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Review: iiyama ProLite XUB3490WQSU

by Tarinder Sandhu on 15 July 2016, 15:00

Tags: Iiyama

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Running the numbers

A monitor review based on descriptive visual analysis will always have the underlying problem of subjectivity; assessments of panel quality will vary from user to user depending on their normative expectations. To get around this we’re deploying Datacolor’s Spyder 4 Elite professional monitor analyser to return a quantitative assessment of display quality.

We also make use of the Leo Bodnar video signal input lag tester which allows us to test the combined input latency of a specific monitor at the 1080p resolution with 60Hz operation only (a limitation of the testing equipment).

These numerical results, we feel, add extra utility to our reviews allowing us to more accurately benchmark the following display characteristics:

  • Colour gamut relative to sRGB and AdobeRGB industry standards
  • Brightness levels and contrast ratios
  • Colour uniformity
  • Luminance uniformity
  • Colour accuracy (Delta-E)
  • Input latency


We expect any reasonable monitor to completely fill the sRGB space and a good chunk of the Adobe RGB. The latter has more green hues which are outside of the remit for this iiyama. Having stared at the screen for the better part of a week, the lack of fuller Adobe RGB coverage doesn't hold it back for regular work such as spreadsheets, HTML editing, web browsing, and so forth.

Colour accuracy

The Delta-E figure corresponds to how close the displayed colours match up with real life. A lower Delta-E is better, meaning closer reproduction, and any figure below 2 is considered good.

The '3490 isn't good in this regard, even after calibration. You can see that the darker colours suffer from a lack of accuracy. This is not a photographer's monitor.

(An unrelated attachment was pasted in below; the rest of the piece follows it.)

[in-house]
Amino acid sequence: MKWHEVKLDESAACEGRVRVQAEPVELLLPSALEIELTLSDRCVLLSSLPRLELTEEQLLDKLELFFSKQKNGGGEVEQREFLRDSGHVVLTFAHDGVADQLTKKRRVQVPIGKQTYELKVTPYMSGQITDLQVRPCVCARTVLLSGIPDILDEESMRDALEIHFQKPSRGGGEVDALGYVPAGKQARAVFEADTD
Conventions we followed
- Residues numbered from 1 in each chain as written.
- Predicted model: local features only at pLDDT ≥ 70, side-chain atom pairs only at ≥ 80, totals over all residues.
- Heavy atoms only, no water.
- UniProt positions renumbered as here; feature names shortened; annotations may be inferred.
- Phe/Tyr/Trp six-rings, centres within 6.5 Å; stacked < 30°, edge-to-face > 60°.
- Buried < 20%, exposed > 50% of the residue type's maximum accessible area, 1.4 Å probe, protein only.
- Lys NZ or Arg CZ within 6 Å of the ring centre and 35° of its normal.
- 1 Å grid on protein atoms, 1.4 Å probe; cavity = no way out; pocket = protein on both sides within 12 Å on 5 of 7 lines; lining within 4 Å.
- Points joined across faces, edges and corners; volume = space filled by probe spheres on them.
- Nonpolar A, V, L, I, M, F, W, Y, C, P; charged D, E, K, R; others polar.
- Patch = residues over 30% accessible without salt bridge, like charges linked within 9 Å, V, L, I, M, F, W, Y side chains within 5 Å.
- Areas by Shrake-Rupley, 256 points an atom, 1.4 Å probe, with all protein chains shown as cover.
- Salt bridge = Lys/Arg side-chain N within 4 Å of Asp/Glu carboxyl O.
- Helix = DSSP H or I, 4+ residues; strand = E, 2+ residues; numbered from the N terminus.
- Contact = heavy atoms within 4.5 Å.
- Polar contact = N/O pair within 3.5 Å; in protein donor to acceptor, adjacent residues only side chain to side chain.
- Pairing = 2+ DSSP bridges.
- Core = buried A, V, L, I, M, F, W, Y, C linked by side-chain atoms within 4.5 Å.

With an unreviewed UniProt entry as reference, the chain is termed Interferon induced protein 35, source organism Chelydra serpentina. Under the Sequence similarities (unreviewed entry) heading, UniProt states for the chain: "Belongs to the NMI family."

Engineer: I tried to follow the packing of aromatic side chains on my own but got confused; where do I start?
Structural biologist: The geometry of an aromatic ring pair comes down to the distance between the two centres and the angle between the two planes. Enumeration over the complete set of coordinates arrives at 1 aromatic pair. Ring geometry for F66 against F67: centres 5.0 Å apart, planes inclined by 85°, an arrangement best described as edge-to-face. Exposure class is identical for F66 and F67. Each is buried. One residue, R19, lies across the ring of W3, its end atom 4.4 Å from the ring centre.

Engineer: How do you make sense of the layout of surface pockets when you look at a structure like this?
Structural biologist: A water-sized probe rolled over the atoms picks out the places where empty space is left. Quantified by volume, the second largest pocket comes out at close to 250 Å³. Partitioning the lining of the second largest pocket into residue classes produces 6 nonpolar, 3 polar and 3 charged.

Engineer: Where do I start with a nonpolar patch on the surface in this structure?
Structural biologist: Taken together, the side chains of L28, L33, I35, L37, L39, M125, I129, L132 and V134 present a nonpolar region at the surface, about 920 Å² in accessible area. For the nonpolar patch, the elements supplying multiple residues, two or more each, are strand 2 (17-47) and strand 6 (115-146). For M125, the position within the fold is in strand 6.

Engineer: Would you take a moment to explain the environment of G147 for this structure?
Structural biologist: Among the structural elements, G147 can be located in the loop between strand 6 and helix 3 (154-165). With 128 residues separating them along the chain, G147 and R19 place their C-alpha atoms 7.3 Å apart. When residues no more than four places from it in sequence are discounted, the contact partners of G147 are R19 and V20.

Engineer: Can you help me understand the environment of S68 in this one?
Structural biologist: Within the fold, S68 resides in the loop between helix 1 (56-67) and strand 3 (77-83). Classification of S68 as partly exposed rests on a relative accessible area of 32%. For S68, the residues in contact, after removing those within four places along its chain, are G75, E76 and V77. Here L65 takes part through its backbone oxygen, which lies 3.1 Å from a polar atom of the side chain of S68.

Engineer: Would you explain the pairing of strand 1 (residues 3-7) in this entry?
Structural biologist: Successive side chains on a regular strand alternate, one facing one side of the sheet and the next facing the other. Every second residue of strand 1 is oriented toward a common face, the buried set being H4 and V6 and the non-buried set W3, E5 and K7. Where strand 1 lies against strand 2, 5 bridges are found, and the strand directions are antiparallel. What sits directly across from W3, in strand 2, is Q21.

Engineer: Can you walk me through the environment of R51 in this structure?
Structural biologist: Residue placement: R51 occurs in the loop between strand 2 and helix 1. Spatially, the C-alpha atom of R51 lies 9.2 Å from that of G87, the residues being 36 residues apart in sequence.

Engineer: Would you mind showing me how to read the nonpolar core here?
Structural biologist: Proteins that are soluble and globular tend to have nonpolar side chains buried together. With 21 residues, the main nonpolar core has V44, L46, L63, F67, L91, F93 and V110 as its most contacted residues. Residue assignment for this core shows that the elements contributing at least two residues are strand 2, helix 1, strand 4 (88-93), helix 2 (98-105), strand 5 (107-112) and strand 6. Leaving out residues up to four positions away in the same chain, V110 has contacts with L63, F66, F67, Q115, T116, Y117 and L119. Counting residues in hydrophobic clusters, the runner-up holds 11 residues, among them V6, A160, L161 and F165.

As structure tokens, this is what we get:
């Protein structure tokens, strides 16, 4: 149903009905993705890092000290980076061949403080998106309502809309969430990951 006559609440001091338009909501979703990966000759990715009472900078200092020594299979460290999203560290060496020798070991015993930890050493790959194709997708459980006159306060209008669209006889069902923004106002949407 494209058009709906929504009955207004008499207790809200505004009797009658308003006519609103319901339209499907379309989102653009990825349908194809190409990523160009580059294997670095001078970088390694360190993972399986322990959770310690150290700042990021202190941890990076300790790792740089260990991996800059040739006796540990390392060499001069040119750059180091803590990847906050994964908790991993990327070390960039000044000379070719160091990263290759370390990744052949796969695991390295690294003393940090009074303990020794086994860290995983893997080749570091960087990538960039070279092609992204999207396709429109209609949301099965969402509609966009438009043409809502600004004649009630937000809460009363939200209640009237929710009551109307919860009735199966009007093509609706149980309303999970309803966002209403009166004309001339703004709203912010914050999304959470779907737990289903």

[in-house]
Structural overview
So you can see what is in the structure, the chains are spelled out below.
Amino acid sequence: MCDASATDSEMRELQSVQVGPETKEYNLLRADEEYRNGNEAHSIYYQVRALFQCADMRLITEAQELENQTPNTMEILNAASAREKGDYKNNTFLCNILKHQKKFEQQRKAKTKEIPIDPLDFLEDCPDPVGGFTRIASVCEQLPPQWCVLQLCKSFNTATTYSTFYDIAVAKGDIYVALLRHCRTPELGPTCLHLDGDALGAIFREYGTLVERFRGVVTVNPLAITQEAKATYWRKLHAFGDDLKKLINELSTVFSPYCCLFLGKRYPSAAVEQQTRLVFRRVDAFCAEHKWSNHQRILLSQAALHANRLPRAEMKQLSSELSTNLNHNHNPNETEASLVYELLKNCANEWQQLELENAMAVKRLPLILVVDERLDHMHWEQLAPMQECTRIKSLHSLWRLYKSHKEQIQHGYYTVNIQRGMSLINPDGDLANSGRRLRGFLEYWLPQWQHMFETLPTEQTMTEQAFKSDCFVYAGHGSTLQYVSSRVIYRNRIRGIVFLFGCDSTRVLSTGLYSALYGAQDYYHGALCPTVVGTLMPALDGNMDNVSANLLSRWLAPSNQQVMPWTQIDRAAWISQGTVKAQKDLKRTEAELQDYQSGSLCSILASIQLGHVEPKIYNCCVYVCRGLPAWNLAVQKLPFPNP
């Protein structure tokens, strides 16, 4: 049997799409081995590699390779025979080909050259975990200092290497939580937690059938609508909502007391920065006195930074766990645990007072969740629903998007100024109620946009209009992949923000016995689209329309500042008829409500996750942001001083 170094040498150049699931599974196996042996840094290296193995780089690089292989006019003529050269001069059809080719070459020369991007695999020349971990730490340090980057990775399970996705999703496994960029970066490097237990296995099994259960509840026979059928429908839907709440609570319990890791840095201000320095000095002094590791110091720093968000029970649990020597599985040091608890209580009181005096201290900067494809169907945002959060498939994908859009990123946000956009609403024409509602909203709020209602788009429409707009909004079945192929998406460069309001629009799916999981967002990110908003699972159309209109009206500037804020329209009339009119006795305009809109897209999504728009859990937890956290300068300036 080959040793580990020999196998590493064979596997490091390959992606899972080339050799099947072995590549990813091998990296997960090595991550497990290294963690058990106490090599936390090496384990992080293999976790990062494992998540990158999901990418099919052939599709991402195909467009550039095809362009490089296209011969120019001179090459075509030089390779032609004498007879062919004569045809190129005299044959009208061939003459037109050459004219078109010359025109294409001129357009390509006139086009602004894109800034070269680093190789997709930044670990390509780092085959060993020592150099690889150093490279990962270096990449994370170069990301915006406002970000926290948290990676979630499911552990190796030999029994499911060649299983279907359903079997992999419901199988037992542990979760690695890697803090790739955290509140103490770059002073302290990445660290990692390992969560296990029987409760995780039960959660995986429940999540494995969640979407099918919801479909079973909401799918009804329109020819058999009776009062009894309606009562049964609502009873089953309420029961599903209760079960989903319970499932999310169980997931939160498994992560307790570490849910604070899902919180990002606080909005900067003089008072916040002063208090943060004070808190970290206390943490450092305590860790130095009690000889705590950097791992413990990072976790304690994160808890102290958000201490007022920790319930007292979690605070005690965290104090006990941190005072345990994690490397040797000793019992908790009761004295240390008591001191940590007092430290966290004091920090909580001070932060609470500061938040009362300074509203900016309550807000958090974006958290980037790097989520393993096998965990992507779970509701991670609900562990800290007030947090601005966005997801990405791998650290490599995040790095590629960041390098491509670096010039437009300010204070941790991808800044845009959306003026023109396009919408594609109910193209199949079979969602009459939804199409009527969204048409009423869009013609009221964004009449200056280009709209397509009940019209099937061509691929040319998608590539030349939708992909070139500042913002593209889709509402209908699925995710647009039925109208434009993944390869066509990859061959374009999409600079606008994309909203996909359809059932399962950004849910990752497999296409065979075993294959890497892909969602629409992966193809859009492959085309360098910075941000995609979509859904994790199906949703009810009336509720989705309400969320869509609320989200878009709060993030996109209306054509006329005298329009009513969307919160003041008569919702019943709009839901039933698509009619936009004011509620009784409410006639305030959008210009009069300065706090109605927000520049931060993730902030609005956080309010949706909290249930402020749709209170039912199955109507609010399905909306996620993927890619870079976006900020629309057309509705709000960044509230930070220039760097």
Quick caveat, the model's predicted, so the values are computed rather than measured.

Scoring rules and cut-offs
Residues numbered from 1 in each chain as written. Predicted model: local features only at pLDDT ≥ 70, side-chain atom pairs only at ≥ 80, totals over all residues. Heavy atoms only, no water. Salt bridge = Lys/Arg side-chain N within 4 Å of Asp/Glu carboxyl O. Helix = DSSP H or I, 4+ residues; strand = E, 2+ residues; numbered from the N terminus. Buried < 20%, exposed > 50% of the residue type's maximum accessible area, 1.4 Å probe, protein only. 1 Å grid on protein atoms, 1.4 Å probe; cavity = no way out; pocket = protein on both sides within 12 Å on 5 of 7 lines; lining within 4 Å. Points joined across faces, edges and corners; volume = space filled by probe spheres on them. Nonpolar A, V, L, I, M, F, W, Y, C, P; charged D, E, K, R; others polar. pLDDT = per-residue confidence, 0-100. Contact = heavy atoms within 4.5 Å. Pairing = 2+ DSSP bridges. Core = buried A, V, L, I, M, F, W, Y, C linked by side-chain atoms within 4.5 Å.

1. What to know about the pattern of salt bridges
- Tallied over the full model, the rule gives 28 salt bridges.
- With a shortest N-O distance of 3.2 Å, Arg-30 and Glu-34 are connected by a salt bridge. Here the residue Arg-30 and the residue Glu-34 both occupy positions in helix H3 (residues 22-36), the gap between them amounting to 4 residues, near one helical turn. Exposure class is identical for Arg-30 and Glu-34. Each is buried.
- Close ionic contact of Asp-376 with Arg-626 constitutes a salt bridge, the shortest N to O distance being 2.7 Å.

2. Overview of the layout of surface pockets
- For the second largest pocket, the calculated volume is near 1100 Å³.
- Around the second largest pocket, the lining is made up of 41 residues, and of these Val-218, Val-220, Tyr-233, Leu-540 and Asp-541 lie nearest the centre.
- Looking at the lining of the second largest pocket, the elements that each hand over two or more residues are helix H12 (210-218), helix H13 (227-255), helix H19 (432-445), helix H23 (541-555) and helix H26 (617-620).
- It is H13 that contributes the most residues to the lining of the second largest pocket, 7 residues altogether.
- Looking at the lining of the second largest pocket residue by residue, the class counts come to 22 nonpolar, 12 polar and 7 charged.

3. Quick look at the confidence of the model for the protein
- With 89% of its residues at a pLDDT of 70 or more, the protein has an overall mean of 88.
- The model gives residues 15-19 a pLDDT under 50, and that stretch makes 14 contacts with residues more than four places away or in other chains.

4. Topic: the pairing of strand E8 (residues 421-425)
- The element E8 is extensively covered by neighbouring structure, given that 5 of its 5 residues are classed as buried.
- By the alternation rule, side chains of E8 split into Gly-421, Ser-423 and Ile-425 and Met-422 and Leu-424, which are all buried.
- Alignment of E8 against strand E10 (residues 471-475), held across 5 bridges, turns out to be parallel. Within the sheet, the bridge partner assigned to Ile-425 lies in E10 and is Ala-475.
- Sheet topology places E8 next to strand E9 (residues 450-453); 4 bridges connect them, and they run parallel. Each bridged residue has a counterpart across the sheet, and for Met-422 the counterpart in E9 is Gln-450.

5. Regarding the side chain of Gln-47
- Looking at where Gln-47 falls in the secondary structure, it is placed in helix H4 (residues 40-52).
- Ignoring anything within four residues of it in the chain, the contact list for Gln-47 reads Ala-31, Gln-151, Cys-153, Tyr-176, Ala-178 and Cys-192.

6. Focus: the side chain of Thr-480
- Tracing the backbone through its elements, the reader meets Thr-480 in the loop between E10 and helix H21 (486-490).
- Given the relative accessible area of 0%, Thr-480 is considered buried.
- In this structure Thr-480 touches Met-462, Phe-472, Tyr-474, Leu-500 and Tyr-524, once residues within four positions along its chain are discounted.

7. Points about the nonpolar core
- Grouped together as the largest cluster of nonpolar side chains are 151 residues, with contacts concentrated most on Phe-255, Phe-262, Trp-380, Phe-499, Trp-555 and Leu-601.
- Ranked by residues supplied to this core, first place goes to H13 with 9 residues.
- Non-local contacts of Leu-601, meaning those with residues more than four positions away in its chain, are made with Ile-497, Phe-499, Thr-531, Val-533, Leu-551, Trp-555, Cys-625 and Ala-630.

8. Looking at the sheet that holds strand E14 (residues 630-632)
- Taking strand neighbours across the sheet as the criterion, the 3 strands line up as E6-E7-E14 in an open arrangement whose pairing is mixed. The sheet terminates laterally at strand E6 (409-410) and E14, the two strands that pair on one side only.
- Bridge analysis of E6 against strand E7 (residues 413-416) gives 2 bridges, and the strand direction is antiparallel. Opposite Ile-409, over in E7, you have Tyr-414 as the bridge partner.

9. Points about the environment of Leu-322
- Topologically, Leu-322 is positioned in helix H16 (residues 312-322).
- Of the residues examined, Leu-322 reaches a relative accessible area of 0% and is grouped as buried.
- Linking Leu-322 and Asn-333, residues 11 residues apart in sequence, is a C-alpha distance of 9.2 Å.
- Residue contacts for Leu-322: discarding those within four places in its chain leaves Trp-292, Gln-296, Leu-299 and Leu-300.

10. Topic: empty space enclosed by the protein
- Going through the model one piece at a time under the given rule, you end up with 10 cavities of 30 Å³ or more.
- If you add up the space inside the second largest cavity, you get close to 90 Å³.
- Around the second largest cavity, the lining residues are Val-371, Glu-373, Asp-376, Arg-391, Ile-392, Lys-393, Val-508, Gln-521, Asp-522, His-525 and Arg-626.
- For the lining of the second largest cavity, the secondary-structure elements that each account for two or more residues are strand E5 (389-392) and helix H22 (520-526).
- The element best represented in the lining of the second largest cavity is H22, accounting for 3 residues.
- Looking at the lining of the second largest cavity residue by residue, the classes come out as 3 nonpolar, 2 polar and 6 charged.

Colour uniformity

It is much, much stronger with respect to colour uniformity across the 34in panel. We normally see a worst-case scenario of 10 per cent, or more, when comparing colours across the screen; this super-widescreen does a supreme job of keeping consistency.

Luminance uniformity

Any monitor that can keep luminance down to single-digit figures for most of the display is also rated as very good. Well above average in this test, too.

Brightness and white point

The screen isn't overly bright at any setting - a 200 nits rating at 75 per cent is about average for these types of panels. Blacks are nice and inky though, helped by the colour consistency across the screen. Our only concern is the relatively low contrast during the checkerboard test - we routinely see screens manage 700-800:1 ratios.

Input lag and power consumption

Running at 1080p, which is the limit of the input-lag tester, we recorded a figure of 13.2ms, or about average for a screen of this ilk. That said, we didn't perceive the lag in fast-paced games. Once calibrated, the screen used 27W on a black screen and 31W on a pure white, which is again about average.

Gaming and productivity

This is where it becomes interesting. Ultra-widescreen gaming hasn't really taken off despite having coverage advantages over 16:9 aspect ratios. It is up to game developers to build specific support for the resolution such that scaling and heads-up displays work properly. From our suite, Dirt Rally plays just lovely, averaging a solid 75fps using an MSI GTX 1070 Gaming X at the screen's native resolution. Doom runs just fine too, as does Tomb Raider, though Fallout 4 needs some additional tweakery to ensure the aspect ratio and HUD elements are correct.

Using one of these screens long enough makes super-widescreen feel completely natural. The game draws you in while the extra screen real estate is beneficial for spotting enemies. In short, it's an immersive experience that makes it difficult to go back to a standard-aspect monitor. Of course, without support for adaptive synchronisation, you will need a meaty graphics card to get the most out of the iiyama, and we noticed tearing during heavy fighting within Doom.

Gaming is fun, though we feel the majority of users eying up this kind of panel will be content professionals who need more horizontal screen estate. My work setup is two 1080p screens side by side, split by a large bezel. The iiyama packs more pixels - 4.9MP vs. 4.1MP - and is a better fit, especially when having a couple of commonly used programs open side by side. If you so want, the monitor can effectively split into two screens through picture-in-picture support.

Films, too, display well, helped by the excellent uniformity. So while there's plenty of good, what would we change? As alluded to above, the contrast could be better, which is noticed in dark scenes juxtaposed by splashes of lighter colour. Brightness could be a potential hurdle for some, though we were happy with the screen set to 75 per cent of maximum. The biggest gripe for users who want a do-it-all super-widescreen monitor is the substandard colour accuracy.